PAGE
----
Advertisement

The mathematical origins of general relativity and of unified field theories

  • Elie G. Zahar
Workshop: Strucktur und Entwicklung Physikalischer Theorien
Part of the Lecture Notes in Physics book series (LNP, volume 100)

Abstract

In this paper I discuss the heuristic role which mathematics plays in physical discovery: first through the surplus structure which mathematics injects into physical principles which are given a mathematical formulation; secondly, through the realist interpretation of certain mathematical entities which appear at first sight to be devoid of any physical meaning. I then try to account for this dual role of mathematics in terms of a single philosophical principle, namely Meyerson's principle of identity. I finally apply these considerations to the study of two important questions; the questions namely of the continuity between STR and GTR (STR = Special Theory of Relativity, GTR = General Theory of Relativity) and of the emergence both of General Relativity and of the Unified Field Theories of Weyl, Eddington and Schrödinger-Einstein.

Preview

Unable to display preview. Download preview PDF.

Unable to display preview. Download preview PDF.

Notes

  1. 1.
    Cf. “Geometrie and Erfahrung” in: Einstein, Mein Weltbild, p. 119.Google Scholar
  2. 2.
    Cf. Oskar Becker, Grundlagen der Mathematik, pp. 144–167.Google Scholar
  3. 3.
    For the role which mathematical surplus structure plays in physics, cf. M. L. G. Redhead, “Symmetry in Intertheory Relations”, in: Synthese 32 (1975).Google Scholar
  4. 4.
    Cf. Bernhard Riemann, Collected Works, (Dover) pp. 272–273.Google Scholar
  5. 5.
    As above, p. 286.Google Scholar
  6. 6.
    Cf. Mach, Mechanics, Introduction. Also: Erkenntnis and Irrtum, pp. 164–182.Google Scholar
  7. 7.
    H. Weyl, Raum Zeit Materie, § 40.Google Scholar
  8. 8.
    Eddington, The mathematical Theory of Relativity, § 97.Google Scholar
  9. 9.
    Schrödinger, Space-Time Structure, Chapter XII.Google Scholar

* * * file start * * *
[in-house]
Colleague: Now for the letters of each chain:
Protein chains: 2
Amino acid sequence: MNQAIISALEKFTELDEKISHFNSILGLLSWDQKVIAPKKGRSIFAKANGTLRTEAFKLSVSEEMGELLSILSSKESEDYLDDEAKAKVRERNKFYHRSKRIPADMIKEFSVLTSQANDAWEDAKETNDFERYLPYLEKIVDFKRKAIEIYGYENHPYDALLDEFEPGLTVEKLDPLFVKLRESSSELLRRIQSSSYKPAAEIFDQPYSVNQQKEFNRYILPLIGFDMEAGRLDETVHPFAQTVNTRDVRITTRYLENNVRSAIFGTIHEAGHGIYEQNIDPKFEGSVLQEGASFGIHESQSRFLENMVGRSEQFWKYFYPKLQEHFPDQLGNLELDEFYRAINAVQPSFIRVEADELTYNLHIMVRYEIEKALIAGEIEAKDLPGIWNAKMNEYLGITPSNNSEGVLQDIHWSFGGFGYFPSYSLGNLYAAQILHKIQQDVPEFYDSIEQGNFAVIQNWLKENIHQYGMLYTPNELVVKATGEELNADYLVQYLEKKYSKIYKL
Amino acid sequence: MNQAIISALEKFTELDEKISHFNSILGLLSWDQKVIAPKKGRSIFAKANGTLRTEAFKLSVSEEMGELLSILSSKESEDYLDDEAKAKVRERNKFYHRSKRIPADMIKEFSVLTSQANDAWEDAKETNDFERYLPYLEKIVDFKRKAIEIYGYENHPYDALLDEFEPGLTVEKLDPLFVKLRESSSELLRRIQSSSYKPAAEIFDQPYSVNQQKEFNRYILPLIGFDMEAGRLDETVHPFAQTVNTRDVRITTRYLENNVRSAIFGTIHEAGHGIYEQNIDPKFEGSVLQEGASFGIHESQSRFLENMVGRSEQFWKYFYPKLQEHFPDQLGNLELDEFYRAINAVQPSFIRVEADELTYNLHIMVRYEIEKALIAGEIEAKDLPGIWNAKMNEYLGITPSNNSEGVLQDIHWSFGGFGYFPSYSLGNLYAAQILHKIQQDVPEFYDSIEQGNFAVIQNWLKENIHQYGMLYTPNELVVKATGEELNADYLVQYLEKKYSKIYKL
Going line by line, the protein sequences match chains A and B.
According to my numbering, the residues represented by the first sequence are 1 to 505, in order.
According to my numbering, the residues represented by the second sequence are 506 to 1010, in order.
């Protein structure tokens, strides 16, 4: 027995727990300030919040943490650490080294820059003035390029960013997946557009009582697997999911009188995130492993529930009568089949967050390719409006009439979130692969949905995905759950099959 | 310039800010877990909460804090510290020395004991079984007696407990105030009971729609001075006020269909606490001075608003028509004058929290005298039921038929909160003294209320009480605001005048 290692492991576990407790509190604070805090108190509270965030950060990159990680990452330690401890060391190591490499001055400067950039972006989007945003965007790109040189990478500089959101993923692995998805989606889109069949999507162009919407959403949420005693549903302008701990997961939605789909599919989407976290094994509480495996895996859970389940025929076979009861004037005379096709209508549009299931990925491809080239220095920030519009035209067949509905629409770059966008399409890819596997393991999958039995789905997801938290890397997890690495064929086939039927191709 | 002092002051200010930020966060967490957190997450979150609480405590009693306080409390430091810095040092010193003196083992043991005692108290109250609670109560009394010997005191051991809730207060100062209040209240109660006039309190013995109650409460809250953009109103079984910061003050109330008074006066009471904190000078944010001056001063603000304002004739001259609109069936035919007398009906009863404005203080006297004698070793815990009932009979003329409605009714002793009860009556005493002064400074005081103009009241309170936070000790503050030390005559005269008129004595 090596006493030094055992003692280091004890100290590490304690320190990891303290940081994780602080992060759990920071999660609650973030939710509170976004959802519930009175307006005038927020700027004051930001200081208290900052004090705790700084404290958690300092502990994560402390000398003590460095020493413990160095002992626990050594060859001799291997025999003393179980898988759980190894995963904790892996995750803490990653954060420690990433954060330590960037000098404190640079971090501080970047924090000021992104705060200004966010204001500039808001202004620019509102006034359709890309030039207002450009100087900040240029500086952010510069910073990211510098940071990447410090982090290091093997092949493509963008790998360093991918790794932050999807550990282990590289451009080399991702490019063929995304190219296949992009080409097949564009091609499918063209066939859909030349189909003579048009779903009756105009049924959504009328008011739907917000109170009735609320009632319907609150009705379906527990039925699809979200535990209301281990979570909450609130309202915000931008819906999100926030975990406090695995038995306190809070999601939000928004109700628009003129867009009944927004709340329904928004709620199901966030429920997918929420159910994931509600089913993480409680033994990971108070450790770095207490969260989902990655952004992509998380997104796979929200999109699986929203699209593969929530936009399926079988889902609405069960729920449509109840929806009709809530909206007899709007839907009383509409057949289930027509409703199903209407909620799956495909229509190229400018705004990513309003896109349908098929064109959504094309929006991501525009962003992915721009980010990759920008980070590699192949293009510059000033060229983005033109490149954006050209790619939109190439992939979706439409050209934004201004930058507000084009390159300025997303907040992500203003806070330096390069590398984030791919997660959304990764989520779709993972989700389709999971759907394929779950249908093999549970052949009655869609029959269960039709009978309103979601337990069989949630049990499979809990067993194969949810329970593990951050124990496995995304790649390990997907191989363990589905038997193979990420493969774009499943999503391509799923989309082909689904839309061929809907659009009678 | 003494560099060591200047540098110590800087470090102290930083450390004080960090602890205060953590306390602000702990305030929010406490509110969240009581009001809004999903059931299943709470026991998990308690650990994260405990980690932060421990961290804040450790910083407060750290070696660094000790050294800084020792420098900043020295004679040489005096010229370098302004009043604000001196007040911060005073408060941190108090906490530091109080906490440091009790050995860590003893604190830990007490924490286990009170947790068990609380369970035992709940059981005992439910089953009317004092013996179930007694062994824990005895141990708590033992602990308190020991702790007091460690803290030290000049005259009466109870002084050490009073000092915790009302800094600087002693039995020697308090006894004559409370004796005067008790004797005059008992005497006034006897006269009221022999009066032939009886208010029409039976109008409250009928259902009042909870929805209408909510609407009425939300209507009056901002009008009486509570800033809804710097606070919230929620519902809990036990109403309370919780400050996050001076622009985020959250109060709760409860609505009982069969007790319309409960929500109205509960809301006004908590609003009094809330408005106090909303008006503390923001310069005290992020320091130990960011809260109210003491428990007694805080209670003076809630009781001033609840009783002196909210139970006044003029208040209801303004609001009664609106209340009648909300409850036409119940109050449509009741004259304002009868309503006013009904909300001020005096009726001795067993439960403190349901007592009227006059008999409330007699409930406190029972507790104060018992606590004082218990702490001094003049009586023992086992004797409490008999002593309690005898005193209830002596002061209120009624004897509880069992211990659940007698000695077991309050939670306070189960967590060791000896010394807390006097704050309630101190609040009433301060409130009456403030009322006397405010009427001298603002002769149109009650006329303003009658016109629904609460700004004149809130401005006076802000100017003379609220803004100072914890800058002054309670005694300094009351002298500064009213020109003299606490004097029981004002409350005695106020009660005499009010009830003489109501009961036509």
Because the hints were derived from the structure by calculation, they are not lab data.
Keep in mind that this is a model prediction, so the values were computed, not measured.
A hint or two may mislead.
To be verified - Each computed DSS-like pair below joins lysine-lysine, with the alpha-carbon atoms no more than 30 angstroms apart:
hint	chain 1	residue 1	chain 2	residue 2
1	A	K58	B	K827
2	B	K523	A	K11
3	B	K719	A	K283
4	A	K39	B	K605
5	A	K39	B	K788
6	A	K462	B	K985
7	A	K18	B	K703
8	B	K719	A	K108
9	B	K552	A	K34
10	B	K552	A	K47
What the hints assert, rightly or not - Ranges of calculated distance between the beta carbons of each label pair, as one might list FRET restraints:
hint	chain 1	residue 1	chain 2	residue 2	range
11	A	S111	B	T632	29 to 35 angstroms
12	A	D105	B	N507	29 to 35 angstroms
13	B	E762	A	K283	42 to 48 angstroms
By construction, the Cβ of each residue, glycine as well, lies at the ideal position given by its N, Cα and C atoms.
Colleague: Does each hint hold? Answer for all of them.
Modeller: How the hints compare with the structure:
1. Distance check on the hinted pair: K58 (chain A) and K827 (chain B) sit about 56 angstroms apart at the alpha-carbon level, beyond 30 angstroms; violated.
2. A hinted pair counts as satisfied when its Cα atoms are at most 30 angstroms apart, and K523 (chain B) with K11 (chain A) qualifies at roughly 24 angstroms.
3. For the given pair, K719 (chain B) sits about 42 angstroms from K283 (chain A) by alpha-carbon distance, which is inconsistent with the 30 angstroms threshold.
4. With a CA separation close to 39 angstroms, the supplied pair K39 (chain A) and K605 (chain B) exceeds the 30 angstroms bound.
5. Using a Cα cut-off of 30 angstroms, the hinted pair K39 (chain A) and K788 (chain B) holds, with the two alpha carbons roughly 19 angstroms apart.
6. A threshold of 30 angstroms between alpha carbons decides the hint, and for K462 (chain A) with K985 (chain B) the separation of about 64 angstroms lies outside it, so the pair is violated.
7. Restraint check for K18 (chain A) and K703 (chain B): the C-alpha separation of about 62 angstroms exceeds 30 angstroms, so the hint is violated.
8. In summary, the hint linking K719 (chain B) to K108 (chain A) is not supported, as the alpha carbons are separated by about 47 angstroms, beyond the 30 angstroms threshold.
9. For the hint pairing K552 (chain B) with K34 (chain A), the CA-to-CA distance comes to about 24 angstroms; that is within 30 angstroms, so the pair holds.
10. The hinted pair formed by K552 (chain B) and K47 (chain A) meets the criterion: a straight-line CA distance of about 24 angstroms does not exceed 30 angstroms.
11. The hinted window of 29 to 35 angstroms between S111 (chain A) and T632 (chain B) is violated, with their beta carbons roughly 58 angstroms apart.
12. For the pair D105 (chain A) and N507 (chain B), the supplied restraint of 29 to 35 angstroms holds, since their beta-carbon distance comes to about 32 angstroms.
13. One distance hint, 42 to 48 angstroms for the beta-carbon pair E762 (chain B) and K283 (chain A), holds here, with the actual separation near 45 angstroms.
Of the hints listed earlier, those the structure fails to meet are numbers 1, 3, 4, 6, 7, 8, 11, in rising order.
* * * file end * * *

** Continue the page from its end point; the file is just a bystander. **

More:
10. 10.
    Duhem, Aim and Structure of Physical Theory, Part 2,.Chapter 1.Google Scholar
  11. 11.
    For the important role which philosophical realism plays in the logic of discovery, cf. Popper, “Three Views Concerning Human Knowledge” in: ‘Conjectures and Refutations’ (Section 3).Google Scholar
  12. 12.
    For the fruitfulness of these equivalent reformulations, cf. Feynman, The Character of Physical Law, p. 168.Google Scholar
  13. 13.
    E. Meyerson, Identité et Réalité, Chapter I. Also: De L'Explication das Les Sciences, Chapter V.Google Scholar
  14. 14.
    Cf. Popper, “The Aim of Science”, in: Objective Knowledge, p. 191.Google Scholar
  15. 15.
    Identité et Réalité, Chapter III.Google Scholar
  16. 16.
    Weyl, Philosophy of Mathematics and Natural Science, p. 5.Google Scholar
  17. 17.
    Meyerson, La Déduction Relativiste, Chapter XX.Google Scholar
  18. 18.
    Weyl, Philosophy of Mathematics and Natural Science, pp. 87–88.Google Scholar
  19. 19.
    Mach, The History and the Root of the Principle of the Conservation of Energy, Notes.Google Scholar
  20. 20.
    Eddington, The Mathematical Theory of Relativity, p. 120.Google Scholar
  21. 21.
    “Prinzipielles zur allgemeinen Relativitätstheorie”, Annalen der Physik, Band 55, 1918. Also see Appendix 1.Google Scholar
  22. 22.
    For this point I am indebted to Professor J. Stachel.Google Scholar
  23. 23.
    Cf. above, see I.1.Google Scholar
  24. 24.
    Mathematical Theory of Relativity, p. 212.Google Scholar
  25. 25.
    Mathematical Theory of Relativity, p. 213.Google Scholar
  26. 26.
    Mathematical Theory of Relativity, p. 206.Google Scholar
  27. 27.
    Schrödinger, Space-Time Structure, p. 112.Google Scholar
  28. 28.
    Cf. my "Why did Einstein's programme supersede Lorentz's?, Brit. J. Phil. Sci. 24 (1973) pp 95–123 and 223–62.Google Scholar

Copyright information

© Springer-Verlag 1979

Authors and Affiliations

  • Elie G. Zahar
    • 1
  1. 1.London School of EconomicsGreat Britain

Personalised recommendations